Certain tropes tend to come up again and again in young adult fiction, and there’s one in particular that makes me positively aflame with irritation: the heroine who must become beautiful as part of her journey and transformation into a fully realised character. Beauty, in this setting and framing, becomes an essential part of what it means to be a whole person. Without it, you are always lacking, and you still need ‘work’ to become an adult, but once you are beautiful, the world is your oyster and it’s laid open at your fingertips, quivering, waiting for you.
There is, of course, a tendency for heroines to be beautiful in the first place. They have alabaster skin (because of course white is right, yes?) and flowing tresses or pertly-cropped hair in the perfect shade that’s smooth and beautiful. Their lips are full, their eyes bright, their bodies trim and smooth, although some may be muscled because they are also warriors or athletes. Heroines who look ordinary are hard to find, and when you do, their looks are talked about as though they are a problem, rather than a fact of who they are; they are something to be fixed and grown out of.
They have ‘frizzy’ hair (like Hermione, with the out-of-control hair that is constantly referenced until the Yule Ball, when it’s miraculously fixed into a beautiful, smooth concoction that reveals her ‘true beauty’). They have acne or pockmarked skin, their eyes are dull, their nails bitten ragged. Their looks are harped upon both by themselves and the other characters to underscore the fact that they haven’t completed their journey and cannot until their bodies conform with an outside standard of beauty. They are chubby, perhaps, but their fat rolls or uncomfortable feeling in jeans is gross, disfiguring, unpleasant, not simply the arrangement of their bodies at this point in time.
There is not much here for a lot of readers to relate to. Either heroines are abstract, beautiful, and remote, reminding readers that they still aren’t perfect and aren’t valued because they don’t have the right looks. Or they’re ordinary young men and women, with bodies and faces like the readers, but the readers are reminded that these are things that are wrong and need to be fixed. By extension, the readers know that their own existence is undesirable, that until they are pretty, they will never be fully realized, and that beauty, within a very narrow and specific set of definitions, should be their ultimate goal.
I see it coming up a lot in fantasy, probably most starkly there because authors can use magic as a quickie shortcut. The girl-turned-vampire who becomes supernaturally beautiful in the process, shedding all that excess poundage and frazzled hair and other mortal sins to turn into an unearthly creature with the kind of beauty that turns heads, startling and amazing everyone who mocked her looks before. Or the girl who uses witchcraft to beautify herself, taking philtres and using powders and spells to get rid of her undesirable ugliness, sometimes as part of an initiation into a group of other witches and magic users; finally, their unusual beauty is explained, and she too is one of them, embraced into their circle with the eyelash lengthening treatment that will last a lifetime.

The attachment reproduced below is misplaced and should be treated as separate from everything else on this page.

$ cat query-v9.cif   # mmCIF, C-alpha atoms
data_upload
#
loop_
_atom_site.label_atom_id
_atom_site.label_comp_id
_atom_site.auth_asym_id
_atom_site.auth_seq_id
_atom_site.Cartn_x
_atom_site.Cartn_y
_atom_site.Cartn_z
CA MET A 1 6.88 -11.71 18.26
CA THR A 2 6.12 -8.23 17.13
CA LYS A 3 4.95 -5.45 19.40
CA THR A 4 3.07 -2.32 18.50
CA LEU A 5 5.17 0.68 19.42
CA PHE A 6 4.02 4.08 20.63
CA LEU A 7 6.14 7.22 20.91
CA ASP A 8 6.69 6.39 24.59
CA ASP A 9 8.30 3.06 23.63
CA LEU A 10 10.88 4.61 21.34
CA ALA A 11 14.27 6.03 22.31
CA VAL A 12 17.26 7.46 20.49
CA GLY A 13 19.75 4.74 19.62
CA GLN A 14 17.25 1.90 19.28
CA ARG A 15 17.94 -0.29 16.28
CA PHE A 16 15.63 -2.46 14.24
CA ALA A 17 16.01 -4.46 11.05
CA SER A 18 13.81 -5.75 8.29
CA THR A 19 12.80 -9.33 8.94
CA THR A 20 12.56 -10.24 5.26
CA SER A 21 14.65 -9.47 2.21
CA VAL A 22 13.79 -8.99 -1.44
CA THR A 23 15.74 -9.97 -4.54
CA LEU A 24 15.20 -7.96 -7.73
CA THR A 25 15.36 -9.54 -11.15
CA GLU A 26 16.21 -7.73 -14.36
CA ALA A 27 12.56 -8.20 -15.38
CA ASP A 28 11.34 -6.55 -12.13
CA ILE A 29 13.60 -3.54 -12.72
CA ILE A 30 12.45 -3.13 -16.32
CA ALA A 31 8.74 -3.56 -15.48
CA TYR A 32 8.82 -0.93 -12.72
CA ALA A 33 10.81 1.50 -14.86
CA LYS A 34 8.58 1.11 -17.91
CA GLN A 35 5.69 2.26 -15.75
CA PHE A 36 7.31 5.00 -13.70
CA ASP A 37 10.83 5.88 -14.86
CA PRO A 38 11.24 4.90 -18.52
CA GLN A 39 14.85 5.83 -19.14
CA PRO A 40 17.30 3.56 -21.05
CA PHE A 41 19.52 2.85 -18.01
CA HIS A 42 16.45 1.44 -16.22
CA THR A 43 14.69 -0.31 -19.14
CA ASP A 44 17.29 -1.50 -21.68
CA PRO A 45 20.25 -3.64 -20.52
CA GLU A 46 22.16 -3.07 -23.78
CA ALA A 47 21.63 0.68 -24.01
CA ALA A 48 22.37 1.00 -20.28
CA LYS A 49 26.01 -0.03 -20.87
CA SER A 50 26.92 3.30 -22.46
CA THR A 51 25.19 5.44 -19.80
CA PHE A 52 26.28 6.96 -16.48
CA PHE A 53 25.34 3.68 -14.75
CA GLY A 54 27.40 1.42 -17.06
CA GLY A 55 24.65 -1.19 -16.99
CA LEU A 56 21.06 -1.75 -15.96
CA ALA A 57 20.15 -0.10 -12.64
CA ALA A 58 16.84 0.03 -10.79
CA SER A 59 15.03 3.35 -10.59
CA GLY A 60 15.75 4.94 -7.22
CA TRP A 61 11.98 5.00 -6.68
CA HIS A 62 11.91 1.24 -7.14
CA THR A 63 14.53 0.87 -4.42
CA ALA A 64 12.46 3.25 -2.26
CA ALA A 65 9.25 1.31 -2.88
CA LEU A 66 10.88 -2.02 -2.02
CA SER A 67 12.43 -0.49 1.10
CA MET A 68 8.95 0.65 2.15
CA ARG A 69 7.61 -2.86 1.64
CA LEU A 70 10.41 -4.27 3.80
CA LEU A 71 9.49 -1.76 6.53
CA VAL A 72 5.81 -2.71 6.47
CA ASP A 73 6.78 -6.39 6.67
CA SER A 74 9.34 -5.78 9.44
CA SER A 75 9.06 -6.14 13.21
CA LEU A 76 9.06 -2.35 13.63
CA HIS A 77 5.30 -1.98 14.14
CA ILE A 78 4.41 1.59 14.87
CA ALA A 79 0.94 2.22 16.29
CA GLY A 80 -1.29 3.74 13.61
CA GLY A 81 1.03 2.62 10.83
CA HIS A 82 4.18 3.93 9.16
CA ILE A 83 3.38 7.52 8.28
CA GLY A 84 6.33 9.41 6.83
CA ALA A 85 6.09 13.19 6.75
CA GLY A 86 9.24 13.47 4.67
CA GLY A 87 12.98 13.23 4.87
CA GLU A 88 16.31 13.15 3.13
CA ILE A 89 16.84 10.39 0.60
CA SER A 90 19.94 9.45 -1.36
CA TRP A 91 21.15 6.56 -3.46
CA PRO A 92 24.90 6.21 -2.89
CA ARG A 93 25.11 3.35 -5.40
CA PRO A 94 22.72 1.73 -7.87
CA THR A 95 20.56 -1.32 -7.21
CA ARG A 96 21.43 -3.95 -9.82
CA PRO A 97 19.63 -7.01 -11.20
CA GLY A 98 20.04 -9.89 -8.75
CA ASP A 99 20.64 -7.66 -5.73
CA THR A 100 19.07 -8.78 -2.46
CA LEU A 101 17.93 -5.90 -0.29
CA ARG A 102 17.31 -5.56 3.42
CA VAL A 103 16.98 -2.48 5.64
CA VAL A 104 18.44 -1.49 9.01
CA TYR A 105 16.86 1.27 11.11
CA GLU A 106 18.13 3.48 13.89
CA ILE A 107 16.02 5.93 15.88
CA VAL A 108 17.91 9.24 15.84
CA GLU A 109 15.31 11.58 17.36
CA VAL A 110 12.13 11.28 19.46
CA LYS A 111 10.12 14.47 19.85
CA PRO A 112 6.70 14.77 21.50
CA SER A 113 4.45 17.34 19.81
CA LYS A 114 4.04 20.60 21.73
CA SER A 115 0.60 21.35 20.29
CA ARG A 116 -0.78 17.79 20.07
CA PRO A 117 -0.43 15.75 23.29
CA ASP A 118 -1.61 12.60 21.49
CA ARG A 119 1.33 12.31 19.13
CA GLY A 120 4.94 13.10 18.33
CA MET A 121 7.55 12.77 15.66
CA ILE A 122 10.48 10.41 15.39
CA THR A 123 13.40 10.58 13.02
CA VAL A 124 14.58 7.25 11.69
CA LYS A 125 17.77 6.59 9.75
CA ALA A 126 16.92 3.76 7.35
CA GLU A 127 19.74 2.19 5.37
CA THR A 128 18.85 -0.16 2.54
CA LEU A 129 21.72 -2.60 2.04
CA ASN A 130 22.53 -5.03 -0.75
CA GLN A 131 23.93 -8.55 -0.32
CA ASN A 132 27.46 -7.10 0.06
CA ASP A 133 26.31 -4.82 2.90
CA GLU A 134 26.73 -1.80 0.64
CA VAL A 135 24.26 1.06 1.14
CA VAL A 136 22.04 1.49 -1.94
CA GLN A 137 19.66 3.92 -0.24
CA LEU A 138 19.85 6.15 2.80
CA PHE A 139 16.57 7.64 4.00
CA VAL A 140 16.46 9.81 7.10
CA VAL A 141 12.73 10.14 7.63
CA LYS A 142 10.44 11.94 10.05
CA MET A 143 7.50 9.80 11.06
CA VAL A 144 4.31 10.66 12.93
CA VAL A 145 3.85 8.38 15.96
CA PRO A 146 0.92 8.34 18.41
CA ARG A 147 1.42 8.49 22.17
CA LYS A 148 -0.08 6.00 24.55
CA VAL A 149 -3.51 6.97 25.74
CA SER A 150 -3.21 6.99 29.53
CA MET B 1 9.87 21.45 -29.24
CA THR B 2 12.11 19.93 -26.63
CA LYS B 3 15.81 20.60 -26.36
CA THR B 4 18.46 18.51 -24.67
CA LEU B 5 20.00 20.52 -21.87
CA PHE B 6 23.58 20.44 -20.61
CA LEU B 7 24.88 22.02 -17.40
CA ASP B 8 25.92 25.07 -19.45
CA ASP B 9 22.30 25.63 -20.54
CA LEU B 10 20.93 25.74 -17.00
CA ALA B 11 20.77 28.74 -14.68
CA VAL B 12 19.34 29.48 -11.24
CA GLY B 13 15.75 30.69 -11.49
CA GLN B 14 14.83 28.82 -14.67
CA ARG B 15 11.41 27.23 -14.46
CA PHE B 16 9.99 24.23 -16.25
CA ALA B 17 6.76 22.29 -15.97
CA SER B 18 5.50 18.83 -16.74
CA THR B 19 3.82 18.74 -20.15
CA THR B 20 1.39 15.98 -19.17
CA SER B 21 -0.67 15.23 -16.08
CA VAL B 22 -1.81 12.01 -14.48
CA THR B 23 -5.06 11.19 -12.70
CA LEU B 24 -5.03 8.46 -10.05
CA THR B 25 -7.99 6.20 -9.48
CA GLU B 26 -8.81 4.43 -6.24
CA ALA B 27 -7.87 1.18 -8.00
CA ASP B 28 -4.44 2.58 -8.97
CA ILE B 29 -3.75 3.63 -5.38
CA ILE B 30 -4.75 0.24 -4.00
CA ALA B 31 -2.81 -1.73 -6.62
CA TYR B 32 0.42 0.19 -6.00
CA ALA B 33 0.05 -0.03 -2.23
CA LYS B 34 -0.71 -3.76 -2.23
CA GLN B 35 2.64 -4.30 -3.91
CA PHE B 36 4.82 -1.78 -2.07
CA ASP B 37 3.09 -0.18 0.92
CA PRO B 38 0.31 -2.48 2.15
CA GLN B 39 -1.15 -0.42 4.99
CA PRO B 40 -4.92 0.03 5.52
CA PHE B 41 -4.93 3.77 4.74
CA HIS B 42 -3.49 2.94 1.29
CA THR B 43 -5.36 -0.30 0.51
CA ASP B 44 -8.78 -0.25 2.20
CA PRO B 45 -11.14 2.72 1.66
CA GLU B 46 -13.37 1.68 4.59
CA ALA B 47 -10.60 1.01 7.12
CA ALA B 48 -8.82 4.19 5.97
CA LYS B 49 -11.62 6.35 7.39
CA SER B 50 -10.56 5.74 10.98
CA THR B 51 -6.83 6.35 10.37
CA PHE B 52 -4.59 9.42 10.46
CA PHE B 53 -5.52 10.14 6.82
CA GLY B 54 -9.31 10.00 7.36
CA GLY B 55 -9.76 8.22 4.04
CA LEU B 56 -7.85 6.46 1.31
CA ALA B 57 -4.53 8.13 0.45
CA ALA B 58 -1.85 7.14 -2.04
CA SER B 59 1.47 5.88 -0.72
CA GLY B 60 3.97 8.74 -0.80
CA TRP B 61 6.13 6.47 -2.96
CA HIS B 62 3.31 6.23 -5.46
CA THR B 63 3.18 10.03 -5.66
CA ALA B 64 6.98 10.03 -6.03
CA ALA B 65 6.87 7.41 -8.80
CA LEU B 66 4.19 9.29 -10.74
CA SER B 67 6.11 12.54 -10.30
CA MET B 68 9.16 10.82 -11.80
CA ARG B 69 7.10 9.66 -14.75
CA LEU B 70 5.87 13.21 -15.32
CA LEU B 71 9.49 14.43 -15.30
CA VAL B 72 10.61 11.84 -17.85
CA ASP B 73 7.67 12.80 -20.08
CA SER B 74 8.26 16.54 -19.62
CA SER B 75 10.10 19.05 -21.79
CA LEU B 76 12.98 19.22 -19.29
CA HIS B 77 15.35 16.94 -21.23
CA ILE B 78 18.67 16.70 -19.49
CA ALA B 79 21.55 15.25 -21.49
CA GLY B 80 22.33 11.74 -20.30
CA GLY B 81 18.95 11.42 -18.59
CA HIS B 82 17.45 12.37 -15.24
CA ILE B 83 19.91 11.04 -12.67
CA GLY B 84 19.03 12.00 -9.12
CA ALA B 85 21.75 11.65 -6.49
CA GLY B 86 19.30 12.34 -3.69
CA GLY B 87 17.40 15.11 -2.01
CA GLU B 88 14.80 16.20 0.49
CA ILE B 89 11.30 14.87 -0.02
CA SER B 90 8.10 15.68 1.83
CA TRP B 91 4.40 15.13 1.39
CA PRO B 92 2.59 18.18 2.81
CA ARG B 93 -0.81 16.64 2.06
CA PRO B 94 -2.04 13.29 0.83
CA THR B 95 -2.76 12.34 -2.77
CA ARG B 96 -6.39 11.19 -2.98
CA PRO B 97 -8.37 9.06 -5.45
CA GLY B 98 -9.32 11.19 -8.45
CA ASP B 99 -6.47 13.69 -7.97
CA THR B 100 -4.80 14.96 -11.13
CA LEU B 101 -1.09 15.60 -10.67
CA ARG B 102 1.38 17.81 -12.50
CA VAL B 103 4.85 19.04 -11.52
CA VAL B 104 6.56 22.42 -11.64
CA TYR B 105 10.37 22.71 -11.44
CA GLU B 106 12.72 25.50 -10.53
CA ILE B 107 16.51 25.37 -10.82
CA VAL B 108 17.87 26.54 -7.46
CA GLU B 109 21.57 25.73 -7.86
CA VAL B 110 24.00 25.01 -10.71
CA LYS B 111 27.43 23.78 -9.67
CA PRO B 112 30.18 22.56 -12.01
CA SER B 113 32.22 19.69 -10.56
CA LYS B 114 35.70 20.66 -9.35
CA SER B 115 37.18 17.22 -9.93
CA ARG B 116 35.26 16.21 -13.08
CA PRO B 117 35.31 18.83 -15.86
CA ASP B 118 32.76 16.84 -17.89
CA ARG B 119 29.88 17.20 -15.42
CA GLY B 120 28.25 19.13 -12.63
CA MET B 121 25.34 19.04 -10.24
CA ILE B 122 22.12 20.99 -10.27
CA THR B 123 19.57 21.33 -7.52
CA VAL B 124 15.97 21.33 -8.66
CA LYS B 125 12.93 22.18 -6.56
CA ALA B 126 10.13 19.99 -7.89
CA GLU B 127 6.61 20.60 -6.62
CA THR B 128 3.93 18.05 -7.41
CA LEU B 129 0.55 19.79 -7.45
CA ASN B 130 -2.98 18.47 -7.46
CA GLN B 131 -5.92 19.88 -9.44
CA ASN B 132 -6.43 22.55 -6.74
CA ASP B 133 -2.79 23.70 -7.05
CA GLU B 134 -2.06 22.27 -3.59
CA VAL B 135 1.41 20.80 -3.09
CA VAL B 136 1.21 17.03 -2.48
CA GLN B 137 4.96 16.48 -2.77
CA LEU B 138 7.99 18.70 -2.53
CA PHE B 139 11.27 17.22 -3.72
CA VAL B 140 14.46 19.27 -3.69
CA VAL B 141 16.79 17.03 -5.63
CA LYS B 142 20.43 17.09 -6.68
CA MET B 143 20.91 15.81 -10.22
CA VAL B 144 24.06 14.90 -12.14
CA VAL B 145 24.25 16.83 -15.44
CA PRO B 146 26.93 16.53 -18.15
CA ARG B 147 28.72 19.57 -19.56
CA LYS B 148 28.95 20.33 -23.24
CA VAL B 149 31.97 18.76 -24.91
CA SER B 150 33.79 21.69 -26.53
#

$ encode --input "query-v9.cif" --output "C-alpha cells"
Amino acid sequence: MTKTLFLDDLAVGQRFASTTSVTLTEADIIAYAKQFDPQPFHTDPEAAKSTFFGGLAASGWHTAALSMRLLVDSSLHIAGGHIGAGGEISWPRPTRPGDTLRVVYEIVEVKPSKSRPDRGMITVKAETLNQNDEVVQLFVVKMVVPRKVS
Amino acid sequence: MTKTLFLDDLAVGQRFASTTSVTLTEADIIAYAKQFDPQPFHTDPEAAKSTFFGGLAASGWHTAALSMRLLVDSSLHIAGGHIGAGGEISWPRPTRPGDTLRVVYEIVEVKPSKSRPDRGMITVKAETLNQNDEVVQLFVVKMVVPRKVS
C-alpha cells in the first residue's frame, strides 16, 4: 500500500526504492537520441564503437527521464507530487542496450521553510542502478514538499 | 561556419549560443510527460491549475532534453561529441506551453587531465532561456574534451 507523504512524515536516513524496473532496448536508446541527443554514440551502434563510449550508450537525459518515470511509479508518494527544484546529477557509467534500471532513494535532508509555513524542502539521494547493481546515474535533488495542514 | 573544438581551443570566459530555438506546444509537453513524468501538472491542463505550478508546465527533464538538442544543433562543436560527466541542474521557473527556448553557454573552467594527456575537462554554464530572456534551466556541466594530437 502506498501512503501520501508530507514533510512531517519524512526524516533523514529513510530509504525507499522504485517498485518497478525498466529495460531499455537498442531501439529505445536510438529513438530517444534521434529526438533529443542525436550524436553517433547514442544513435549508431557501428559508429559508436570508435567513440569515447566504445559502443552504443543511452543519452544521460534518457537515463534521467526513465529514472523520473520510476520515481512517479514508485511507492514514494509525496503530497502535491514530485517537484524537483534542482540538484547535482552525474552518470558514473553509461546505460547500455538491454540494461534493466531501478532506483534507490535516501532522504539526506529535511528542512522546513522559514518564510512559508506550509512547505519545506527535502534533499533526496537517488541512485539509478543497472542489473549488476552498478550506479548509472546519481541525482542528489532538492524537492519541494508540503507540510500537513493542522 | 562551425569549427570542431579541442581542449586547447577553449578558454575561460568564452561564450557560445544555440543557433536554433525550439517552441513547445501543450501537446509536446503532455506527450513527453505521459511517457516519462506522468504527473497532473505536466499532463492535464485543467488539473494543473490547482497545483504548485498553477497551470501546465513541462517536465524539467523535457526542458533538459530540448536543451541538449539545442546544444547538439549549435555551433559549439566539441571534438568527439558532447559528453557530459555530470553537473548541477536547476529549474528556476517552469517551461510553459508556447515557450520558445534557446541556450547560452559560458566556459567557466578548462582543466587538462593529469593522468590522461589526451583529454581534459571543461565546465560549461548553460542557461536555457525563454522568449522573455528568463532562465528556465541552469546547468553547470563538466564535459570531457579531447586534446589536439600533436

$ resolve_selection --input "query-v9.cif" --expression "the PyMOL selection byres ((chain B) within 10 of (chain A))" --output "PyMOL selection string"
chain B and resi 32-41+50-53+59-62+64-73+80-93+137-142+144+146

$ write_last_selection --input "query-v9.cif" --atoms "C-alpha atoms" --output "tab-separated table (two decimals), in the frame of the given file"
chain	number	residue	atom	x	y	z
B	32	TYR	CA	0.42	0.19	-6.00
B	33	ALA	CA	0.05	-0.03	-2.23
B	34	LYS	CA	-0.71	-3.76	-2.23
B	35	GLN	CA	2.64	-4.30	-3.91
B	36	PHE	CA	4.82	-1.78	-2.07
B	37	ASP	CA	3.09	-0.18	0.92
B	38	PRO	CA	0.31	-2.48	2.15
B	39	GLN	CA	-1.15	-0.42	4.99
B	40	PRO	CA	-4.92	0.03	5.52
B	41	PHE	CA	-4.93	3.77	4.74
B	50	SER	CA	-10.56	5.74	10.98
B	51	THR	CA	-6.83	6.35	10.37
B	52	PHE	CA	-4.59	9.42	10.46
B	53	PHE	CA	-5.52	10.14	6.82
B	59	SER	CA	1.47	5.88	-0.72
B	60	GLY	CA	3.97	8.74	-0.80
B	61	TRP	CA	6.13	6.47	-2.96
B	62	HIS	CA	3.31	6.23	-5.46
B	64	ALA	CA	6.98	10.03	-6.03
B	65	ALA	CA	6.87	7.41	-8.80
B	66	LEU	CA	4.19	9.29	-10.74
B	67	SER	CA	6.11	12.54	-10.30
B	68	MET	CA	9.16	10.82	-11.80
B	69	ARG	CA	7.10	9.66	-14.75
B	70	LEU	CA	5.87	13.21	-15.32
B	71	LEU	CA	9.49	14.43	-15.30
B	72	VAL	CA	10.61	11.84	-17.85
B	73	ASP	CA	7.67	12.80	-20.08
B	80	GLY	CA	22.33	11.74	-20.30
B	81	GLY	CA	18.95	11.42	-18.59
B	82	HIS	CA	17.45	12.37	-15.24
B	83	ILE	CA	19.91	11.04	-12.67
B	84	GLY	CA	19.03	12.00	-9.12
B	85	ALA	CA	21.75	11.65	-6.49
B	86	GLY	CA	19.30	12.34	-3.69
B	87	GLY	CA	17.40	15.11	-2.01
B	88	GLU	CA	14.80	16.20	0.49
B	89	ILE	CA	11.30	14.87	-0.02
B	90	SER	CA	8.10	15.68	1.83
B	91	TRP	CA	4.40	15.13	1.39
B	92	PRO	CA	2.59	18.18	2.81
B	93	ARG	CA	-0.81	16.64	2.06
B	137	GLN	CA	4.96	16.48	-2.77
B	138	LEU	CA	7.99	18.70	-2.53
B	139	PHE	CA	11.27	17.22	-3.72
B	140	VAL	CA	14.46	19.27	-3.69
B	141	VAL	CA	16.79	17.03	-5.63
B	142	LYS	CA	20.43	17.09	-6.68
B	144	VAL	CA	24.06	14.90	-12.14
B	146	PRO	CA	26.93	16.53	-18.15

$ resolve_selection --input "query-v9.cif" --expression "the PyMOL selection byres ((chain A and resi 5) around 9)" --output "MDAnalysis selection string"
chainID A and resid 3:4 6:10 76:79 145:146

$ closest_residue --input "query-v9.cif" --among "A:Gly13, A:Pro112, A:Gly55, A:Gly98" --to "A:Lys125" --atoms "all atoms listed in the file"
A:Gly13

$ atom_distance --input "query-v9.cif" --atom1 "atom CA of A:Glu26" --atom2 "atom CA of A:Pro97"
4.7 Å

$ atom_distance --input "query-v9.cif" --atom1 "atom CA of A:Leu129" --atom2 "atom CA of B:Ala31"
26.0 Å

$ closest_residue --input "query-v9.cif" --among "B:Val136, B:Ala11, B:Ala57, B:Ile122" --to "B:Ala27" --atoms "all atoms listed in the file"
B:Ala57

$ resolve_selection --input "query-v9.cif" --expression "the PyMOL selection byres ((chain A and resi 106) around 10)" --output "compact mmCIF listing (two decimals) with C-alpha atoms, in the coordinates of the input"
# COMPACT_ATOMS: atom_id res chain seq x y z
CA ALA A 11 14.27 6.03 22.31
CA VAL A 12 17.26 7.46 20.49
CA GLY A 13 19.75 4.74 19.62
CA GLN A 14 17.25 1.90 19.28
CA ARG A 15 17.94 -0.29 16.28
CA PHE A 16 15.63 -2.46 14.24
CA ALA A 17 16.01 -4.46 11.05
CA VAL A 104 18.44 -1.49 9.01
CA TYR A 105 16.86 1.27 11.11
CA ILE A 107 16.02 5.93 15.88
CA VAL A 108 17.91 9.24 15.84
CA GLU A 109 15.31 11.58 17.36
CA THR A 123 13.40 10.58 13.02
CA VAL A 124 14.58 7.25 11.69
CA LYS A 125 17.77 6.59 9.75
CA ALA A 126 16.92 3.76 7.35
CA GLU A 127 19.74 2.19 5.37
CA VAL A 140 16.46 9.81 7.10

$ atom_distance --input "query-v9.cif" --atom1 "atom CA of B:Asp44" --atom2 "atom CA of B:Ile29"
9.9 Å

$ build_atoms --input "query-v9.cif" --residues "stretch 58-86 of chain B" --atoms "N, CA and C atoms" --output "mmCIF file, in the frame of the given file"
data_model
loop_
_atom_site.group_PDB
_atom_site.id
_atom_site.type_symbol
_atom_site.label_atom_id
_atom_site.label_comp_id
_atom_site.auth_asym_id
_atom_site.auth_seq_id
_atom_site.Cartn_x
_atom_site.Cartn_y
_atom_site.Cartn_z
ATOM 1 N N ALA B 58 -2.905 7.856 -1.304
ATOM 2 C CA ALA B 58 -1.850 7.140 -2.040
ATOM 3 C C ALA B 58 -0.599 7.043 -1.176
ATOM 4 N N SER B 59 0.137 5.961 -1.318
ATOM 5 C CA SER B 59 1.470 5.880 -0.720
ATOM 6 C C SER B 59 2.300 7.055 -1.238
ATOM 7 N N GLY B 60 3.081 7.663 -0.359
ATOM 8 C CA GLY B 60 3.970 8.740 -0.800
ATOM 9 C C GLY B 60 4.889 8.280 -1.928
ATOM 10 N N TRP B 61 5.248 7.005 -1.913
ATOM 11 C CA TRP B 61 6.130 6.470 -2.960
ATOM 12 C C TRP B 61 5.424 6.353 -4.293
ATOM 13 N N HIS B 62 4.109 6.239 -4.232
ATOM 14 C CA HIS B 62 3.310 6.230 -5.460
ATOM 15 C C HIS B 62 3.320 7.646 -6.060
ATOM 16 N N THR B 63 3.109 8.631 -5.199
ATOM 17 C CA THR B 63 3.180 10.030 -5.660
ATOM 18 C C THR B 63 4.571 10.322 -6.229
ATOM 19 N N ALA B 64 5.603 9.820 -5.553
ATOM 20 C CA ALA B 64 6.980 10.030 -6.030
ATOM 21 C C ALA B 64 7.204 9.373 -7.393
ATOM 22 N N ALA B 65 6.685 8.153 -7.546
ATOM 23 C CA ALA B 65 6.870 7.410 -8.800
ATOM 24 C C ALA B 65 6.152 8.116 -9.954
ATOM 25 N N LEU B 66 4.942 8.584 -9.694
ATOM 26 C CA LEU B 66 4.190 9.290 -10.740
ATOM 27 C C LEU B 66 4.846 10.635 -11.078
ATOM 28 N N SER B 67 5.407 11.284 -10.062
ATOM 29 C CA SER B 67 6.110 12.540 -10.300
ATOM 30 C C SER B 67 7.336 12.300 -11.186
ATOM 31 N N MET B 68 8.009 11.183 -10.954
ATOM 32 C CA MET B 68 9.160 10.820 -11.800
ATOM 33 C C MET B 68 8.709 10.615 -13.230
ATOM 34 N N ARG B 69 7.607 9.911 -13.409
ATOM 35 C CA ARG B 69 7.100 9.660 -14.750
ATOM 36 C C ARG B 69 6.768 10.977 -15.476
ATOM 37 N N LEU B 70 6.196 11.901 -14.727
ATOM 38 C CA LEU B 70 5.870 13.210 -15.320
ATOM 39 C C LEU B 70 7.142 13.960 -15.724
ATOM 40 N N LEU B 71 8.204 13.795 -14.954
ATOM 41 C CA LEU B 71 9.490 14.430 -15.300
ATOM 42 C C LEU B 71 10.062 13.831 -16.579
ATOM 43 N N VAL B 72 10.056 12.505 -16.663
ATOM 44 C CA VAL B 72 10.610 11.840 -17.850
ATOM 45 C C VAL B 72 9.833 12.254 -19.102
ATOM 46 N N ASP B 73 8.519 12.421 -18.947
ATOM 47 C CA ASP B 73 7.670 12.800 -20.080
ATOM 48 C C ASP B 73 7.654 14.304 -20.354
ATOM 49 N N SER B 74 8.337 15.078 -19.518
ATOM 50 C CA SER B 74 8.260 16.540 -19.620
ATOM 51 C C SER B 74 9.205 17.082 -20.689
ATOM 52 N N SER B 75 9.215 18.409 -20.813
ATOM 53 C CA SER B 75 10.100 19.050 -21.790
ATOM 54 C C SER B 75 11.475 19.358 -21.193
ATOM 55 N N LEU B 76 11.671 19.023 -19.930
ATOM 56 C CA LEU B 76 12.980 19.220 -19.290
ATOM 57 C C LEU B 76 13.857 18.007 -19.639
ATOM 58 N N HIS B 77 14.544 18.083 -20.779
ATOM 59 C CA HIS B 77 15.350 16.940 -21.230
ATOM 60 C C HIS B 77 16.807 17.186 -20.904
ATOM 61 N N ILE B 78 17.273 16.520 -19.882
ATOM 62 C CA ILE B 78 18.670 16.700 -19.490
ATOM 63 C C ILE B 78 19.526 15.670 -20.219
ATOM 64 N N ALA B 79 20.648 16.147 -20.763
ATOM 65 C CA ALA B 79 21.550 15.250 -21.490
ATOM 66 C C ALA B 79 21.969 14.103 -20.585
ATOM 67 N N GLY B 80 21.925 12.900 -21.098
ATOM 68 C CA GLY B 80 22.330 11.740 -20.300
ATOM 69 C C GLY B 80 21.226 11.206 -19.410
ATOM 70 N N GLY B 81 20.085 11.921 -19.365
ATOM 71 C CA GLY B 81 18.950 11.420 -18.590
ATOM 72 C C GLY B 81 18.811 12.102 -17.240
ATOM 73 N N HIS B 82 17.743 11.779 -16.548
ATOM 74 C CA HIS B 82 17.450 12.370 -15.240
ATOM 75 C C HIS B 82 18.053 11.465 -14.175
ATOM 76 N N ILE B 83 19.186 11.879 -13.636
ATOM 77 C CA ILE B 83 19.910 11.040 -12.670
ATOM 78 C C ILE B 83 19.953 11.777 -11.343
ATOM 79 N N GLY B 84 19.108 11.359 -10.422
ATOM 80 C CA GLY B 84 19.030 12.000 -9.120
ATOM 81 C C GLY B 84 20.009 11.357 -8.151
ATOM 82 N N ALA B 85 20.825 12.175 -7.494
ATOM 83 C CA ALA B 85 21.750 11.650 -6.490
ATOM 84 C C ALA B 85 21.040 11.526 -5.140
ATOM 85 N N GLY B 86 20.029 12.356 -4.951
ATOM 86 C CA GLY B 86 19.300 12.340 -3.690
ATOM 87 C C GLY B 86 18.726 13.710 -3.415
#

But it’s not just in YA fantasy. It’s also of course in science fiction, where genetic engineering and futuristic medical treatments allow people to shape their bodies however they want, and, of course, they choose beauty. In this world, it would be absurd to choose to be ugly, or to remain flawed, because the technology is available to reverse that. Scott Westerfeld challenged and explored that narrative in the Uglies series, but he’s one of the few to take it head-on and ask why it is that beauty is so prized in society in general and in YA fiction in particular. His characters live in a world where passing from Ugly to Beauty via medical treatments is part of the transition into adulthood, where rebels refuse the treatment and choose to remain who they are, and it makes for a compelling read not just because it challenges normative beauty standards, but also because it flies in the face of a very familiar trope.
And, naturally, contemporary YA is not exempt from the beautiful/ugly problem. When heroines aren’t just naturally pretty because that’s how they’ve been written, they’re finding ways to pretty themselves up, albeit without the shortcuts of magic and imaginative technology. They push themselves to be pretty by any means possible, and unless we’re talking about an issue book, this is rarely challenged. Of course the gawky, awkward girl would want to learn to use makeup, would pluck her eyebrows, would straighten her hair. Of course she’d want to get new clothes that fit her better and try to lose some weight with exercise.
This is not about self-esteem and developing her own life, though, but very specifically about getting pretty. And it troubles me to see readers told over and over again that they must be beautiful and that they can’t transition to the next stage of their lives without being attractive; that they must be the made-over belle of the ball in order to be whole. Because beauty shouldn’t be a priority for everyone, not for its own sake. And readers shouldn’t be told that people won’t like them without being beautiful, that they cannot command respect and fair treatment and kindness unless they look ‘pretty’ by whatever standards their society sets.
A character doesn’t have to be beautiful to be interesting and compelling, and her ordinary or even ugly looks don’t have to be a cause of trauma or even a major plot point. And she doesn’t need to be turned into someone she’s not in order to become fully realized. How nice it would be if people who didn’t walk about looking like demigods enjoyed equal footing with their pretty counterparts, instead of being smushed down very small by their creators for daring to look ordinary.